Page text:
I know, I know. It’s been a while. I’m SORRY!!! But as soon as we got to Arizona we hit the ground running, and I’ve only now just tripped over a rock and had the chance to come to a crashing halt.
Wait, Arizona, What?
Oh right, ok, back up then. About three weeks ago, January 27th to be precise, I left Annapolis on a circuitous road trip adventure, ending up in Apache Junction, Arizona, on February 3rd. I headed north first, hitting my friends in Philadelphia, Nazareth, PA, and Hamlin, NY. In Hamlin I picked up a travel companion by the name of Mindy and then we headed west. Well…south west. Making stops in Lexington, KY, and Memphis, TN, before making a mad dash west along 40 until we came sliding into Apache Junction like a baseball player stealing third. Along the way we picked up several fantastic stories, which I will share, I promise, just not quite yet. Because before we can talk about the trip itself, we have to talk about the trip prep. Which is the real point of this post: Packing for a Road Trip. Equally as difficult as, though much different than, packing for a crawl around Europe (see Packing with Poise).
How is it different? You may ask.
Well, road tripping around American means seeing the extremely varied countrysides our country has to offer, maybe getting accidentally or intentionally lost along winding side roads only to stumble upon fantastically quaint towns, and catching up on all the new music and NPR programs you’ve been meaning to listen to.
It can also mean spending hours on the highway stuck in the car with your traveling companions, few hostels or similarly inexpensive lodging options, and plenty of fast food temptations. It is important to enjoy the perks and avoid the risks, so you arrive at your destination (if you have one) well rested, healthy, and happy.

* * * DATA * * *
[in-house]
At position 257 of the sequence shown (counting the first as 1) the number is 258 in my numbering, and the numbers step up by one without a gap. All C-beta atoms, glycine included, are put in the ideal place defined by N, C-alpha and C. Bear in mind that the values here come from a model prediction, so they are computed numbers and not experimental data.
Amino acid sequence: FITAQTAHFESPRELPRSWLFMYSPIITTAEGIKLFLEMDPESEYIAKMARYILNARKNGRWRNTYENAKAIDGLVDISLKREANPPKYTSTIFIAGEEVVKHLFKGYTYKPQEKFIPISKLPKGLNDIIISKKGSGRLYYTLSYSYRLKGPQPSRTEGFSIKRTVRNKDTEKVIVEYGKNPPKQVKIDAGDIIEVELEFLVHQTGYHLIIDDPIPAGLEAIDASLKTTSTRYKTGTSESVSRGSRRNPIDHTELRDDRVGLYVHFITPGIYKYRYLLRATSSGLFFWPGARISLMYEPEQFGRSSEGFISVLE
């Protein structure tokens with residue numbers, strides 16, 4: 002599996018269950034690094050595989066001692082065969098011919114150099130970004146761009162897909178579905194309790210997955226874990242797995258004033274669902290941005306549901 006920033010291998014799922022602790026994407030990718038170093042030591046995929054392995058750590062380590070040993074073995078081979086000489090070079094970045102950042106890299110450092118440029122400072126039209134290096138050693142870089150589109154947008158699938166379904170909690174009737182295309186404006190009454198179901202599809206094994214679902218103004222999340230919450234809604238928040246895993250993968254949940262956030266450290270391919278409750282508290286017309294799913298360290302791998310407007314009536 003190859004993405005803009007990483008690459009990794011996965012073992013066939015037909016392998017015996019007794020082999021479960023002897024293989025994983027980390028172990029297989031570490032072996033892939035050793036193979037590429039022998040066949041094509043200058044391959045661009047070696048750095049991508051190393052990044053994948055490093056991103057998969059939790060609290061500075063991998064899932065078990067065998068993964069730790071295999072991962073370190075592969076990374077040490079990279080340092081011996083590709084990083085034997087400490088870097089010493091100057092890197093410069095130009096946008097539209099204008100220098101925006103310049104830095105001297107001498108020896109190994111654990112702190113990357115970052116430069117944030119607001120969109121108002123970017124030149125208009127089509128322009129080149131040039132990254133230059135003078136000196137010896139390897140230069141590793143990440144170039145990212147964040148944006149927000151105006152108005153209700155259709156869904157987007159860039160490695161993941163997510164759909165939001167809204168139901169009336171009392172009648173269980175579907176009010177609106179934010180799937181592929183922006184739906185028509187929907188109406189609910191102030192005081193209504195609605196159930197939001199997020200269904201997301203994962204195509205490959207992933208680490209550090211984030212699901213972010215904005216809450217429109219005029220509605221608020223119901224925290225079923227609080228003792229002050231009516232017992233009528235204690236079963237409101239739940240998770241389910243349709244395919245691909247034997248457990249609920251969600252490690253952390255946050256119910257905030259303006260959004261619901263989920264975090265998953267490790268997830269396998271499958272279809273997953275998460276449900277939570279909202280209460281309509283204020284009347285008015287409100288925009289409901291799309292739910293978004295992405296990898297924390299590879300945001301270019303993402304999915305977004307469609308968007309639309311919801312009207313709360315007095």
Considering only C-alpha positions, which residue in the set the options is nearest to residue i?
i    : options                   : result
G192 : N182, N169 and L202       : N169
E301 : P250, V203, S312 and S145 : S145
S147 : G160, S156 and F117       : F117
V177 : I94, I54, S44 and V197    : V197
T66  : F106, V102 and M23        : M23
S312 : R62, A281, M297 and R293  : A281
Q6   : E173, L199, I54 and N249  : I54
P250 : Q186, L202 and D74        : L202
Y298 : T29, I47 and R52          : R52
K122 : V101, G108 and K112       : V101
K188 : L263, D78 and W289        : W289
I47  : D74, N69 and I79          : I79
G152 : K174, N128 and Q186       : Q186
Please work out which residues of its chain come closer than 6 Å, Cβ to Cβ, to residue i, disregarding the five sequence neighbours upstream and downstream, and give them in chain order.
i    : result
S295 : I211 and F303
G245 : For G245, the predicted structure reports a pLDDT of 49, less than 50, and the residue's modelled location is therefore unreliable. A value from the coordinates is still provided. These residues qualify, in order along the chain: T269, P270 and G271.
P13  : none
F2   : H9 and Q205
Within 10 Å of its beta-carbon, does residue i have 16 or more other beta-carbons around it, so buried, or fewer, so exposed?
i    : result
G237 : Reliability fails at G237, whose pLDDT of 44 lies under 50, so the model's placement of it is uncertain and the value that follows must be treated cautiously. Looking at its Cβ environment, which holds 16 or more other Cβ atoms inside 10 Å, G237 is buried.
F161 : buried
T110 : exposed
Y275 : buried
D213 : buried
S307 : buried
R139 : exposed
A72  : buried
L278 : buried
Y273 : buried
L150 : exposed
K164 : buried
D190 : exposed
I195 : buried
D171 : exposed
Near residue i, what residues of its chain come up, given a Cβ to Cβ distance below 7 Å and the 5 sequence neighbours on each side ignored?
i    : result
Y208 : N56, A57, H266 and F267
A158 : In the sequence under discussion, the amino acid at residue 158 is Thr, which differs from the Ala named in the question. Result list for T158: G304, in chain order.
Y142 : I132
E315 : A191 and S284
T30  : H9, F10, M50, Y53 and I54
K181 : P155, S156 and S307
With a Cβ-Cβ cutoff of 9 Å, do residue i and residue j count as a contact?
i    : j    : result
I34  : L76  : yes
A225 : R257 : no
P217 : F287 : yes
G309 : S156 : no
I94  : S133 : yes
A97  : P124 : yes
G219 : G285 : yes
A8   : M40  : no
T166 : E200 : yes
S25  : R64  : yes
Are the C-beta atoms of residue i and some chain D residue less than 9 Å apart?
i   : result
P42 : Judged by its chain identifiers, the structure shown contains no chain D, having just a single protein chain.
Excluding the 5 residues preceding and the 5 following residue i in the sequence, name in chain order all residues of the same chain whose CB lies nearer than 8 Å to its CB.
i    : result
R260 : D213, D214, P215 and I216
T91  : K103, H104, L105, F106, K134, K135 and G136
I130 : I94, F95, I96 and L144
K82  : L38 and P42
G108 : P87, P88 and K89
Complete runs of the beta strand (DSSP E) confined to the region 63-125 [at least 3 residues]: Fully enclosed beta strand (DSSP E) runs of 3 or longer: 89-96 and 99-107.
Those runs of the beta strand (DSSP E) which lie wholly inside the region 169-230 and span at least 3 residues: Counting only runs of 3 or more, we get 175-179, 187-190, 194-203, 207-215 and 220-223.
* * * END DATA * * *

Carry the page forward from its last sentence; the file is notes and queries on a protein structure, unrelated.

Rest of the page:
Packing for a road trip is all about planning proper package placement. Hmm, that’s some great alliteration there. Lets go with that, here are the 4 P’s of road trip packing:
These aren’t really a step-by-step guide, but rather important guidelines to use every step of the way.
First you have to decide what you’ll need on your journey. And that involves some pre-trip planning. Consider the trip: how far do you hope to travel each day, when and where will you stop, and where will you sleep when you do stop. Consider the destination: what activities do you need to pack for, what will the destination climate be, what will you need on the road, and what can stay packed until you arrive.
What did our road trip look like? Well I was leaving early to visit with some friends, but ultimately the road trip west was about packing up myself and my business and heading out to the first renaissance festival of the Circuit season. The “Circuit” is what traveling Rennies call the path one takes working one festival after another. A “Rennie” is the nickname we traveling renaissance workers have given themselves, playing off of the slang “carnie” for carnival worker. My Circuit starts in February in Arizona, hits Texas, New York, Pennsylvania, and ends in Maryland at the end of October.
Though I was leaving early, I had a lot of stops to hit in one week: Philadelphia, Nazareth, Hamlin, and Memphis were all must stops to visit old friends. Lexington was thrown in as an entertaining half way between Hamlin and Memphis- a 17 hour drive otherwise. We were shooting for driving days of 8 – 12 hours. Good mileage without the risk of getting highway hypnosis. For the most part we had friendly couches to sleep on each night. But sometimes it doesn’t work that way. So one important thing to consider before departing is your lodging options.
Will you be camping your way across the country, or are you more of a shabby wayside motel kind of traveler? Camping can be inexpensive, with national parks coming in at around $7 – $15 a night for a campsite, and KOA’s averaging between $20 – $40 a night for a tent site, and more for an RV if you are so privileged. However, camping can also be time consuming. Spending time setting up and breaking down a tent each morning and evening might not be built into your schedule, if you’re in a rush to get where you’re going. Though, if you’re in that much of a rush, maybe driving isn’t your best travel option? Planes anyone?